I attach one of his small films, made a couple of years ago.

Reminder how fragile it all is, and where we are. We also hear that – much as in Kenya – there tends to be a spike in crime as Christmas approaches. Ah well.


I learn a few surprising facts this weekend.

If you think the UK parliamentary expenses scandal is bad, check this out. Despite an official salary of less than $3k, with various expense accounts Haitian members of parliament (there are 99 of them) get around $9000 a month.

$9000! That is greater than a UK MP’s salary, give or take. In the poorest country in the west, whose budget (incomprehensible by all accounts) is 60% paid for through foreign aid, and where the minimum wage was recently raised to a princely $5. A day, that is. Causing significant grumbling from the business sector.

A woman not earning $9000 a month, yesterday

I also learn another striking fact. That the members of the country’s electoral commission – the one that has recently excluded Bertrand Aristide’s party, Lavalas, as part of a power grab by president Rene Preval – get $700 a day in expenses when travelling, even when in Haiti. It’s mindblowing.

There are also concerns at recent promises by Rene Preval that anyone who joins his “Inite” umbrella party will have all sorts of expenses covered. Perhaps a few presents besides. Who will pay for that? Hmm…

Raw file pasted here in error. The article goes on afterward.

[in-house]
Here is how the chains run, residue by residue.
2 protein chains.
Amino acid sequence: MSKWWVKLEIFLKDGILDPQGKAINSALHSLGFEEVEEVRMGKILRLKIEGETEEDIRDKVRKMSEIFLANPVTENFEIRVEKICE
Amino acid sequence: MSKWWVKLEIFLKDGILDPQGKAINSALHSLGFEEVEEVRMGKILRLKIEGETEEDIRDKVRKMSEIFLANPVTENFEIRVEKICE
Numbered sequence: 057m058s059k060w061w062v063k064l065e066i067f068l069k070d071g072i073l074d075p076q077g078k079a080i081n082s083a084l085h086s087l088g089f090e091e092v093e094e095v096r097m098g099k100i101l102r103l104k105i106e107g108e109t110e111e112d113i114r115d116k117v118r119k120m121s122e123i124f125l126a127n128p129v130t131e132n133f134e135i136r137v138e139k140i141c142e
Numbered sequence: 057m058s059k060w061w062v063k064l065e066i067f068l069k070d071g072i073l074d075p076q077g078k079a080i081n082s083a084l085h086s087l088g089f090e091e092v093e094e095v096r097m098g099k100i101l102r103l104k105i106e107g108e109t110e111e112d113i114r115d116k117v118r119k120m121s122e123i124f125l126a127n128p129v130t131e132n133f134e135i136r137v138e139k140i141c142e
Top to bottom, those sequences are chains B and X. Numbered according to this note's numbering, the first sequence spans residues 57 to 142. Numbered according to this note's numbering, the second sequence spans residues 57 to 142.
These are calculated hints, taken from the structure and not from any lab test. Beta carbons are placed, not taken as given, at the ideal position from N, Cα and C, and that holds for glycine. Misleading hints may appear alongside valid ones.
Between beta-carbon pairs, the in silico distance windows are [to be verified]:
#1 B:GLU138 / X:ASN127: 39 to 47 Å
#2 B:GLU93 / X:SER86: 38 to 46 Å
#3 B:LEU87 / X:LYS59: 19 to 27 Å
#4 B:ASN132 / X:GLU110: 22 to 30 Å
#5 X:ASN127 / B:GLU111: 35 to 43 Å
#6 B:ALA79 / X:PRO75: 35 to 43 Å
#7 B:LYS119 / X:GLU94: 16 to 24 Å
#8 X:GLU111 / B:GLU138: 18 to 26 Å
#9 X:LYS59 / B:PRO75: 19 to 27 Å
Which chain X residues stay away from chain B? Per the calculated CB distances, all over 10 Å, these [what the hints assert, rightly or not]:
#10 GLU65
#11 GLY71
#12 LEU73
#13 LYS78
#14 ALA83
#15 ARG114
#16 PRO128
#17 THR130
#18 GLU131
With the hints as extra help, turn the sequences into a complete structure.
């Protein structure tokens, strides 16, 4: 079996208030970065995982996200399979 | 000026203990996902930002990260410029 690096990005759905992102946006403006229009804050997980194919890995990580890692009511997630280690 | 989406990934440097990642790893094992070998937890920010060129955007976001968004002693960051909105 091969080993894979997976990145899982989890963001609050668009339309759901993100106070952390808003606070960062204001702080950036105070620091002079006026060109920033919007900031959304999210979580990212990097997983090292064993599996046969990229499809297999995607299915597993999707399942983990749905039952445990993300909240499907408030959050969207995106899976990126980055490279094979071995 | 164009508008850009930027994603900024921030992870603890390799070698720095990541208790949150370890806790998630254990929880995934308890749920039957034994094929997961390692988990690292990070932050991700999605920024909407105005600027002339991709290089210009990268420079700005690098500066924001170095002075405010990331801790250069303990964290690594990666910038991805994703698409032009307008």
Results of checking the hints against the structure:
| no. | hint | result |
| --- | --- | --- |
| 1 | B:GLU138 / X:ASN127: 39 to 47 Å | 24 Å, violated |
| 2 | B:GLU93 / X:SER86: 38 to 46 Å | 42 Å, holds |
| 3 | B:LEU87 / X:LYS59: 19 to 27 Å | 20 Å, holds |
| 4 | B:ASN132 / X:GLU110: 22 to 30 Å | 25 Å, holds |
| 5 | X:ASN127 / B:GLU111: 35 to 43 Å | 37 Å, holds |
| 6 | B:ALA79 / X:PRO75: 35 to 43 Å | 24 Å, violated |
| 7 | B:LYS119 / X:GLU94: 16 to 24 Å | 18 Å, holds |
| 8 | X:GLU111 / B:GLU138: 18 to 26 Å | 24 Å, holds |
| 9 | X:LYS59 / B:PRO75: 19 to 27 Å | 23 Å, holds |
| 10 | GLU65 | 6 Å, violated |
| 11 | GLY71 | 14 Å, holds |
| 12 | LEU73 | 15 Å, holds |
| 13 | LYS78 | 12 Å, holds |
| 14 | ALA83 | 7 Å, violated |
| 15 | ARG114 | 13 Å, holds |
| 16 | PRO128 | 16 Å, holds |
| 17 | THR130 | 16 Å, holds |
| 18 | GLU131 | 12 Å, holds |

The west supports this government, because it tolerates the UN presence and because there is no countrywide violence. Neither is there any clear alternative. But added to widespread Haitian criticism of the pre-electoral process, which features non-stop on the radio right now – is Haiti’s recent shine beginning to look a little less shiny?

Construction workers not earning $700 travel expenses a day.

Club UNdigo

Oh joy – online again after a three day drought. May not sound bad, but for an addict it is challenging. I have internet dreams. Mercy comes in the form of the wifi at the Petionville Club.

Back to last weekend. Finally, we scored the requisite papers to travel en famille in Anna’s big UN car, so it was off to Club Indigo.

Club Indigo at dusk

Club Indigo was Haiti’s club Med back in the Duvalier days – described by an old Reuters piece as an ‘experimental playground’ from where holiday adventurers would seek voodoo-fuelled fantasies, Haitian art and other hedonistic pursuits. (Haiti was a famed spot for sex tourism, in multiple forms). It closed around the time the Aids epidemic emerged, and due to the political instability with the end of the regime; reopened again briefly in the 90s, then closed again. A discussion on tripadvisor (that most reputable of sources) had this to say:

“Club Med had problems marketing the location due to political instability but it was doing very well according to Club Med. One day a group of Europeans were going back to the airport and were blocked on the road by peasants who were protesting against the government. That did not help a struggling Club Med, especially in Haiti. So it finally shut down.”